Donald Trump is at his weakest political position in years


Former President Donald Trump is trying again. He announced last week that he was trying to become only the second man (after Grover Cleveland) to be elected to non-consecutive terms as US president.

Trump’s move comes at a time when his political brand is at its weakest point since his first presidential bid in 2015-16. He remains a force to be reckoned with in GOP circles, and news that the Justice Department has appointed a special counsel to oversee investigations related to the former president could spark a rallying effect around Trump among republicans. Nevertheless, it is clear that his power within the party has diminished after the 2022 midterm elections.

The easiest way to tell that Trump’s position isn’t what it once was is to look at the reaction to his 2024 presidential announcement. Many Republican lawmakers and conservative media personalities gave him a big yawn.

Trump’s announcement won him the support of very few elected officials on Capitol Hill. It was much more reminiscent of his first run in 2015-16, when Trump initially received little support from congressional lawmakers. The difference this time, of course, is that Trump is the former leader of the party most Republican members of Congress endorsed in 2020 instead of a political neophyte as he was seven years ago.

Instead, there appear to be about as many senators (one) already supporting Florida Governor Ron DeSantis as there are for Trump. This is important because approvals from party officials have always been correlated with the success of presidential primaries.

Will DeSantis race in 2024? Politico reporter reviews some factors

I should note that the lack of endorsements didn’t stop Trump in 2016, and maybe not this time either.

Trump’s first offer may have been an aberration, however. He faced more than a dozen competitors who shared the support of the conservative political class. That’s especially a problem in Republican primaries, which tend to be winner-take-all (or most) affairs, unlike Democratic primaries, which award delegates proportionally. Trump needed well under half the GOP vote to rack up a lot of delegates quickly in 2016.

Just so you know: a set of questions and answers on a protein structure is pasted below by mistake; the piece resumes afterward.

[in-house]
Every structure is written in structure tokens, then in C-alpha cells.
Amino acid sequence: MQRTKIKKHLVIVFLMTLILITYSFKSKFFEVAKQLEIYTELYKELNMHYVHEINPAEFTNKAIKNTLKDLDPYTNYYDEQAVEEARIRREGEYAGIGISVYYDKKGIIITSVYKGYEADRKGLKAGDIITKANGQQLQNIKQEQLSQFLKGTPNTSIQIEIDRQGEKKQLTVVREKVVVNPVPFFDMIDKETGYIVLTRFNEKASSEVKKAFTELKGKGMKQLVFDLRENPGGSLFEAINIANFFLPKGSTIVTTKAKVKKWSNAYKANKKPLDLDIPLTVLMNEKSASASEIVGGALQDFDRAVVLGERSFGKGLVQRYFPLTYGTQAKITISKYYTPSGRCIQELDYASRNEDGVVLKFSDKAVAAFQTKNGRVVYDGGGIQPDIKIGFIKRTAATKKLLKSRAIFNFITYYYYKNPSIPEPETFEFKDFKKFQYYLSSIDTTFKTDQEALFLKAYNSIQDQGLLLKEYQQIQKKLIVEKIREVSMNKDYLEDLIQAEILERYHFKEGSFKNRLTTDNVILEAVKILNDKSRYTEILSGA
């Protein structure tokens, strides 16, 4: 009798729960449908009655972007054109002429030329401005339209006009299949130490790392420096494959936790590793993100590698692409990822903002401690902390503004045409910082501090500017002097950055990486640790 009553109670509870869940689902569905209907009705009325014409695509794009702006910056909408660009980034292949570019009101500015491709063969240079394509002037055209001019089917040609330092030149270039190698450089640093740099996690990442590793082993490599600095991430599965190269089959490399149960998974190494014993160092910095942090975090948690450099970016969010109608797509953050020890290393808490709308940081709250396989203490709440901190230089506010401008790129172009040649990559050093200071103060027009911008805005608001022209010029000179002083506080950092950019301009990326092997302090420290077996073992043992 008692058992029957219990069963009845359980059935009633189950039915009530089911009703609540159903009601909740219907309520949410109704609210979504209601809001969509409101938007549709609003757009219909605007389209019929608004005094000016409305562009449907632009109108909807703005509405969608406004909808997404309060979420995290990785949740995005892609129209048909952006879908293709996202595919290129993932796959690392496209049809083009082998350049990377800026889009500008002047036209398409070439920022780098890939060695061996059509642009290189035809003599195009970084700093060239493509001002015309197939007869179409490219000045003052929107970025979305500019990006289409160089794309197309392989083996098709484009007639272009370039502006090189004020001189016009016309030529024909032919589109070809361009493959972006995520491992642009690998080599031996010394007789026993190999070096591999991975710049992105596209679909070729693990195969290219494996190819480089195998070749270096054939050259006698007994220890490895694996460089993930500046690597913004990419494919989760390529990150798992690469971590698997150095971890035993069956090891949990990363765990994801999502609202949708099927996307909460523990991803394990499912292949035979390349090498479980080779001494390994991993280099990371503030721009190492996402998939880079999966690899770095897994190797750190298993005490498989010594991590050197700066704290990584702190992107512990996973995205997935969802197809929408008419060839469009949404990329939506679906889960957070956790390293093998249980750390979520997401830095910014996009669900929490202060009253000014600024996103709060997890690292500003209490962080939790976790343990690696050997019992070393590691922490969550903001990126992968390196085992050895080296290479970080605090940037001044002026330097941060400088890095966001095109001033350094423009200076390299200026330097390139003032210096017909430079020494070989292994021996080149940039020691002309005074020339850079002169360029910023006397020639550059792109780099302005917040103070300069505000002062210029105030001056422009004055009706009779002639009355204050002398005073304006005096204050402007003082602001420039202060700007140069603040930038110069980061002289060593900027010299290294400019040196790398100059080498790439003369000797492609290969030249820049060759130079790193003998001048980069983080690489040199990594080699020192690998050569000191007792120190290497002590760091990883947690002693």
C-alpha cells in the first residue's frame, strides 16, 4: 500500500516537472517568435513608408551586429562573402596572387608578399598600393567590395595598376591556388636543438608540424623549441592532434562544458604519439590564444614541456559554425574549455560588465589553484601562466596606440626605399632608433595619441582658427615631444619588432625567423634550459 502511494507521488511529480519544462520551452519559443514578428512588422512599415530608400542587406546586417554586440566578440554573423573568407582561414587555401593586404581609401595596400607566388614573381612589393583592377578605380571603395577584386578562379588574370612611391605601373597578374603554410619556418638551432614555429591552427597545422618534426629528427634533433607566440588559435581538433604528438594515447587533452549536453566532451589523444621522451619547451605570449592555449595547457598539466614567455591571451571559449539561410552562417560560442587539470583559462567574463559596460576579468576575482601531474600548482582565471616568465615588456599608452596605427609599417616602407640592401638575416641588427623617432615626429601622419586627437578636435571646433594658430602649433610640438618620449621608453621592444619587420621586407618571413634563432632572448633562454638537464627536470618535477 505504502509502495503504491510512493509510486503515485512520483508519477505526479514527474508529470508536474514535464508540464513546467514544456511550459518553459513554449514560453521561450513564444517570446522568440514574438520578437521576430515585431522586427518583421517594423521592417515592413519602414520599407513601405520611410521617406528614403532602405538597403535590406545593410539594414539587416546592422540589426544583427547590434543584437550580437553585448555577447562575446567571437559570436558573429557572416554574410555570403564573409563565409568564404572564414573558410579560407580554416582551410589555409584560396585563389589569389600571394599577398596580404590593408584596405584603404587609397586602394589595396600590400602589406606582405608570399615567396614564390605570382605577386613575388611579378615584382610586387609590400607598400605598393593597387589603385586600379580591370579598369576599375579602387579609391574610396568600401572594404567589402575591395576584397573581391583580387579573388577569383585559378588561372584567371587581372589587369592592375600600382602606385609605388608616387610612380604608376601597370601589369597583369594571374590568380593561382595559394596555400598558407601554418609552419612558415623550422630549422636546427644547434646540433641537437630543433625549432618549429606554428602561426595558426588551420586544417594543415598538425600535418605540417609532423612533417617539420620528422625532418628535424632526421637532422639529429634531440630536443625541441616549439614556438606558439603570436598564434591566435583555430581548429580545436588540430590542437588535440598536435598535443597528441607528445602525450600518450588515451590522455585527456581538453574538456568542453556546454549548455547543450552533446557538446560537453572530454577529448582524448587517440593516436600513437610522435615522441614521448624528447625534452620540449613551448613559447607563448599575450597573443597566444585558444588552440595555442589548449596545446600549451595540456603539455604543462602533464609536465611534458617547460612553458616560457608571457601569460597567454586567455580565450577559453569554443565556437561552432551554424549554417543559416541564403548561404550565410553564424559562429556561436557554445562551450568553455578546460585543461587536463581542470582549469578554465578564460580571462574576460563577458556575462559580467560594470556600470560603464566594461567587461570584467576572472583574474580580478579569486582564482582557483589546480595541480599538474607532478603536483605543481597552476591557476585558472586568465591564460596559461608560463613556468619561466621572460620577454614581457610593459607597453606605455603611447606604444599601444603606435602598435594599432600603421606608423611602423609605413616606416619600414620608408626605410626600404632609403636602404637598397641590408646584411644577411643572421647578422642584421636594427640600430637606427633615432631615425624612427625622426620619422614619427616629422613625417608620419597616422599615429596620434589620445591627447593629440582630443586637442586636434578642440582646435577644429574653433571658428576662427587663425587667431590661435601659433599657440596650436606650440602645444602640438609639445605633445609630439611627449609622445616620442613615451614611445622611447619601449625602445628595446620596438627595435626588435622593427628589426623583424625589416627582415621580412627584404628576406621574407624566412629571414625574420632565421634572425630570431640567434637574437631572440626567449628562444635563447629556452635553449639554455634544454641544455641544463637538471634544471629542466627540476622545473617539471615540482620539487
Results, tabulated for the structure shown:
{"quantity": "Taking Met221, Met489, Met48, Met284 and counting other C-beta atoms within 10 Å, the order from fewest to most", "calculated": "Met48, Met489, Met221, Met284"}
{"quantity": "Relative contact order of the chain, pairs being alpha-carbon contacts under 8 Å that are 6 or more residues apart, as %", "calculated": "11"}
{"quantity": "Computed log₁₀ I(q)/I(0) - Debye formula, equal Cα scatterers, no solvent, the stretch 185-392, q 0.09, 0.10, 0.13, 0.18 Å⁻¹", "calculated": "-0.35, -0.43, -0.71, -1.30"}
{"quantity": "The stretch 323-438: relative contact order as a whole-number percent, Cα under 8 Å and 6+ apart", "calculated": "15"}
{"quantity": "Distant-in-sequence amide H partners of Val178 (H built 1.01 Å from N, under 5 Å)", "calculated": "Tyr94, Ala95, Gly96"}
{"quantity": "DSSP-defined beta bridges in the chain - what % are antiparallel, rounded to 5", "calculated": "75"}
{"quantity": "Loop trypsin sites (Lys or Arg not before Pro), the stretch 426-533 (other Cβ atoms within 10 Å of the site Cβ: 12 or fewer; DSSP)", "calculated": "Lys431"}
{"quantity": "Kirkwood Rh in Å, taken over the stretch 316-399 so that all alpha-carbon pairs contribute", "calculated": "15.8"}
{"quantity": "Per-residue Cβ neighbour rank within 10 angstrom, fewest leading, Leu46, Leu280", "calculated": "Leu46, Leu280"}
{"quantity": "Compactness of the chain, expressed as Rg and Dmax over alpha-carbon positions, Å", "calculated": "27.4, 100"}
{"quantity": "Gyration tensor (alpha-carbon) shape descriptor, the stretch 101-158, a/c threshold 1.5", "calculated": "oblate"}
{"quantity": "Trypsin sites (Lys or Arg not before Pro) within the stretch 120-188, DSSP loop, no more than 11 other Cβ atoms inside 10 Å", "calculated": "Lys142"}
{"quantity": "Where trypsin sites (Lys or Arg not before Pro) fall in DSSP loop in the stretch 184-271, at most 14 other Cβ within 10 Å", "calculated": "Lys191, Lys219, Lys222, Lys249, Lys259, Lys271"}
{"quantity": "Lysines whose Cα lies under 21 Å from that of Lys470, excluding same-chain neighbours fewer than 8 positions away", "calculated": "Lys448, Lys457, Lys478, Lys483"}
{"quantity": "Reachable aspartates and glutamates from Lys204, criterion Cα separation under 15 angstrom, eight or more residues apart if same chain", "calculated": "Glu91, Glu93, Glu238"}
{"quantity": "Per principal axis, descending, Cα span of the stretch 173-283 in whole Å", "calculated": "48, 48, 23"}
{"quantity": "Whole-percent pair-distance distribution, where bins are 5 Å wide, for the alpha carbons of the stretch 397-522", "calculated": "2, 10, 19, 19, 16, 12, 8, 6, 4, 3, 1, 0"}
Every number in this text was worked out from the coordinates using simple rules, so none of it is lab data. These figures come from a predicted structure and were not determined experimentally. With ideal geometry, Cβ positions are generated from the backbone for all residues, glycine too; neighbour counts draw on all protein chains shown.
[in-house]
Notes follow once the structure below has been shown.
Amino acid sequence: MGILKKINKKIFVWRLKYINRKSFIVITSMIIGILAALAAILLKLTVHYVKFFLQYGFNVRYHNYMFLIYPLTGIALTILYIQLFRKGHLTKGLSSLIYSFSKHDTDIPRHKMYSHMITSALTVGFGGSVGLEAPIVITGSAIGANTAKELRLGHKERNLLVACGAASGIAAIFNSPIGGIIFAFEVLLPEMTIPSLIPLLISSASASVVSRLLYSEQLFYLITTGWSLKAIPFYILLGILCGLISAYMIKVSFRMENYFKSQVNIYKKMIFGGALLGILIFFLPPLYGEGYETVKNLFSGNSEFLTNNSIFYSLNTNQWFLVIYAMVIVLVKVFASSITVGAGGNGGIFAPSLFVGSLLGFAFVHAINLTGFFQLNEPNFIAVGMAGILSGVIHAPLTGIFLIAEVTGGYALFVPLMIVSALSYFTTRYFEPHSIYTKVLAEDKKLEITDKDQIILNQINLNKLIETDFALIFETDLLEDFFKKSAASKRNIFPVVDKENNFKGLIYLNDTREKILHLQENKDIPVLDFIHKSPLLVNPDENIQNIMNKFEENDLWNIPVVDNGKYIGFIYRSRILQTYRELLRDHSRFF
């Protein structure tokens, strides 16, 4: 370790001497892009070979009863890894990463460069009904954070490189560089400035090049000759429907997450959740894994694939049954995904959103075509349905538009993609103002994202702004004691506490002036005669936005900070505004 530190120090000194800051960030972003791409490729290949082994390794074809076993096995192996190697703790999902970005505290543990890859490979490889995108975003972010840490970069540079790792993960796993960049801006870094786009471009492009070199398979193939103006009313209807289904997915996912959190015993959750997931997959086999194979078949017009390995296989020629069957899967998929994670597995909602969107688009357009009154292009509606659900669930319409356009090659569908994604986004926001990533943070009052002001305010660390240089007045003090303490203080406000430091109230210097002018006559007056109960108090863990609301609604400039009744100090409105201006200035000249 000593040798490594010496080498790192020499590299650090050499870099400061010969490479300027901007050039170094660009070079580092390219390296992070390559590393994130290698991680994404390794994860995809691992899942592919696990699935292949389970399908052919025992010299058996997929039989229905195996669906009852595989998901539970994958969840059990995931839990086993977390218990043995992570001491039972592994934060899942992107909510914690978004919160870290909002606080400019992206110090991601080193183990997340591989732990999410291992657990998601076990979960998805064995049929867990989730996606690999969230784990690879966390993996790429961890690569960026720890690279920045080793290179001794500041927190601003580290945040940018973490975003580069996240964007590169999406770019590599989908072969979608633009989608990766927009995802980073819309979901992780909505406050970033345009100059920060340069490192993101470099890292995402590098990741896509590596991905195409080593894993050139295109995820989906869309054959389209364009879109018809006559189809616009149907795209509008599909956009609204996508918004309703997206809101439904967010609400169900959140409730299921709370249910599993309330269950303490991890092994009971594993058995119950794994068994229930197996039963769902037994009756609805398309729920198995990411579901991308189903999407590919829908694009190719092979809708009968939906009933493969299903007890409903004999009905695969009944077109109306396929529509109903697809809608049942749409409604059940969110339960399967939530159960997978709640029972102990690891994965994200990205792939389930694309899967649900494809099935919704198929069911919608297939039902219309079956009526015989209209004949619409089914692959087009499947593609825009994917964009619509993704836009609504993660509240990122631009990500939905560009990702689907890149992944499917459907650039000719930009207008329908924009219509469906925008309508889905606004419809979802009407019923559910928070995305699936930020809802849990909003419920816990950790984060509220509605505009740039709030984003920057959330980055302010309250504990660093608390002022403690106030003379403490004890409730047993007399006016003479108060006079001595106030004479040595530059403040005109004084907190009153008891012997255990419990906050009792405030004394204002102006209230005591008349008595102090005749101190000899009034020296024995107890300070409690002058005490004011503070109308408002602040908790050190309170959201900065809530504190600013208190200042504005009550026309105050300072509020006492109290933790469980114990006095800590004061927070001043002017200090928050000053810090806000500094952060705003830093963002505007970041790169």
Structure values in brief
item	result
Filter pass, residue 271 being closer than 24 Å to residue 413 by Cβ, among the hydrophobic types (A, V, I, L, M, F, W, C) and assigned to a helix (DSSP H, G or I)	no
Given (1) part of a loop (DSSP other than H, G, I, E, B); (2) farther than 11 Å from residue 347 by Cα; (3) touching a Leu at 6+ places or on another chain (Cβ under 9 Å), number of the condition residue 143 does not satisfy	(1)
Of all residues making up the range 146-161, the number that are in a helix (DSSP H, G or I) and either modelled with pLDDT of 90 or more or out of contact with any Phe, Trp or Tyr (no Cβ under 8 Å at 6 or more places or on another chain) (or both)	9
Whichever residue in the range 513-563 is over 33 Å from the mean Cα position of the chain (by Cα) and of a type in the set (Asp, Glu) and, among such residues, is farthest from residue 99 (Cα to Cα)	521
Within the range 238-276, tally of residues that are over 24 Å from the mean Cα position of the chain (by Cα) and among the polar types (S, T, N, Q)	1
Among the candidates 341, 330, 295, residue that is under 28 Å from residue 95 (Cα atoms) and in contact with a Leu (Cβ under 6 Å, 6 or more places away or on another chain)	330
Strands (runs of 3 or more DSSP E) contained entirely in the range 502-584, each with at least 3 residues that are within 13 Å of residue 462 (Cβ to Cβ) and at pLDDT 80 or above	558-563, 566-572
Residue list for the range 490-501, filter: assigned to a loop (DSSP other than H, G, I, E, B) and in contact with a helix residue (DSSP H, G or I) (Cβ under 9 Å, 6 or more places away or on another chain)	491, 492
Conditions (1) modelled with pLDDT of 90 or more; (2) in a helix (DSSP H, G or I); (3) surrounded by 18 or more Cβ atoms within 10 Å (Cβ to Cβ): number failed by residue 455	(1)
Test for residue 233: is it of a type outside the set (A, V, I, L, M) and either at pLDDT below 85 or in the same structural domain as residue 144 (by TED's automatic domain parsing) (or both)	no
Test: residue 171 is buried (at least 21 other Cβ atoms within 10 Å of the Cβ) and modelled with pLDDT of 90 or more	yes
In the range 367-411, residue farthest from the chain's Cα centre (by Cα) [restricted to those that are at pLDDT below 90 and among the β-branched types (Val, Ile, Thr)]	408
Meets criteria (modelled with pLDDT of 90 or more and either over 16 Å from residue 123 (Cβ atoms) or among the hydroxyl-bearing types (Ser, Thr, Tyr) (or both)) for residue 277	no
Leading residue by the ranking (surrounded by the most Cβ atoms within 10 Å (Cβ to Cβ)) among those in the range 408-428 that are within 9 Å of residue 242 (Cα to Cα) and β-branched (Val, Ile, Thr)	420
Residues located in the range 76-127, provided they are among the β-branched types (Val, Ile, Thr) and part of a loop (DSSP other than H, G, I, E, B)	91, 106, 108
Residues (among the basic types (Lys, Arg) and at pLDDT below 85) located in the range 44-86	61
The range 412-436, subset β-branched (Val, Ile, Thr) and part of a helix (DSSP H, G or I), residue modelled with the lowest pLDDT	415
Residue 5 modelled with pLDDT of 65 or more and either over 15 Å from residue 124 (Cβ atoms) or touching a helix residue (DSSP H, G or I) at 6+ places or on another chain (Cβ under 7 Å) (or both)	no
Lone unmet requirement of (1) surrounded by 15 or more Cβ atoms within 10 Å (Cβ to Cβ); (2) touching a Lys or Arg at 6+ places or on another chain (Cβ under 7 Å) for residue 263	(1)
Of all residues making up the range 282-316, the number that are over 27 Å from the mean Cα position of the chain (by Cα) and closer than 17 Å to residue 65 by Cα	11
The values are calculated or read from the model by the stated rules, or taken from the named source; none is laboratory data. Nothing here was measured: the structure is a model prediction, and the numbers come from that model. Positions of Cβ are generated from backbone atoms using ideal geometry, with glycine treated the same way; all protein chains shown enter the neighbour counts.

He might not get the same divided opposition in the 2024 cycle. Trump’s only obvious competitor at this point is DeSantis.

The rise of the Florida governor is perhaps the most significant development in the Republican field of 2024. Trump still leads in a number of national primary polls, but DeSantis is voting better in early national polls than anyone. what a non-Trump candidate for much of the 2016 primary cycle.

In his home state of Florida, DeSantis beats Trump outright in nearly every poll. In CNN’s exit poll of 2022 Florida midterm voters, more Republicans wanted DeSantis to run in 2024 than Trump.

DeSantis’ advantage in Florida is notable for a number of reasons, besides the fact that the state contains a boatload of Republican delegates, who will likely be awarded the winner.

First, Florida is also Trump’s home state, and it’s the only place the two men are on equal footing in terms of name recognition. DeSantis’ lead is a sign that as Republicans around the country get to know him better, they might grow closer to him. (DeSantis tends to have higher favorable ratings than Trump nationally among Republicans who know both men.)

Second, Trump won Florida in the 2016 primaries over home state Senator Marco Rubio. The fact that DeSantis is now overtaking him in the polls is arguably an indication that Trump is in a weaker position than he was in 2016.

But Trump’s problems go beyond party officials and polls. Trump was able to defy conventional wisdom in 2016 because he received outsized media attention. It basically ousted the competition.

This time it won’t be so easy. I previously pointed out that DeSantis has shown a knack for generating a lot of media attention on Fox News. Trump’s name was only mentioned on page 26 of the New York Post run by Rupert Murdoch (whose editorial page leans to the right) the day after his 2024 announcement. Murdoch also runs the company that owns Fox News.

And if Trump wins the primary, he still has to win a general election. It won’t be easy, as the 2022 mid-terms showed.

I noted last week that Trump’s presence was one of the main reasons Democrats did surprisingly well in the midterm elections. By making so much headlines and acting like a near-incumbent, Trump has helped undo what is normally a major advantage for the opposition party in midterm elections with an unpopular incumbent in the White House.

Now, you could have imagined a universe in which Trump’s larger-than-life personality might have come in handy if he was popular.

Instead, Trump’s favorable rating is at one of its lowest points in five years: 39%, according to the 2022 exit poll. That compares to a 46% favorable rating in the poll. 2020 Exit and a 45% Jobs Approval Rating in the 2018 Exit Poll.

In a presidential election where Trump’s name is actually on the ballot, you can imagine his unpopularity being even more of a factor.

We already know from history that it won’t be easy for Trump. While incumbent presidents (like Joe Biden) are at a disadvantage mid-term, they are enjoying their tenure in presidential elections. Elected incumbents win more than 60% of the time when running for another term.

The bottom line is that Trump has a tough climb ahead of him for 2024 — in both a GOP primary and a general election. He can certainly win a second term, but the odds are currently stacked against him.


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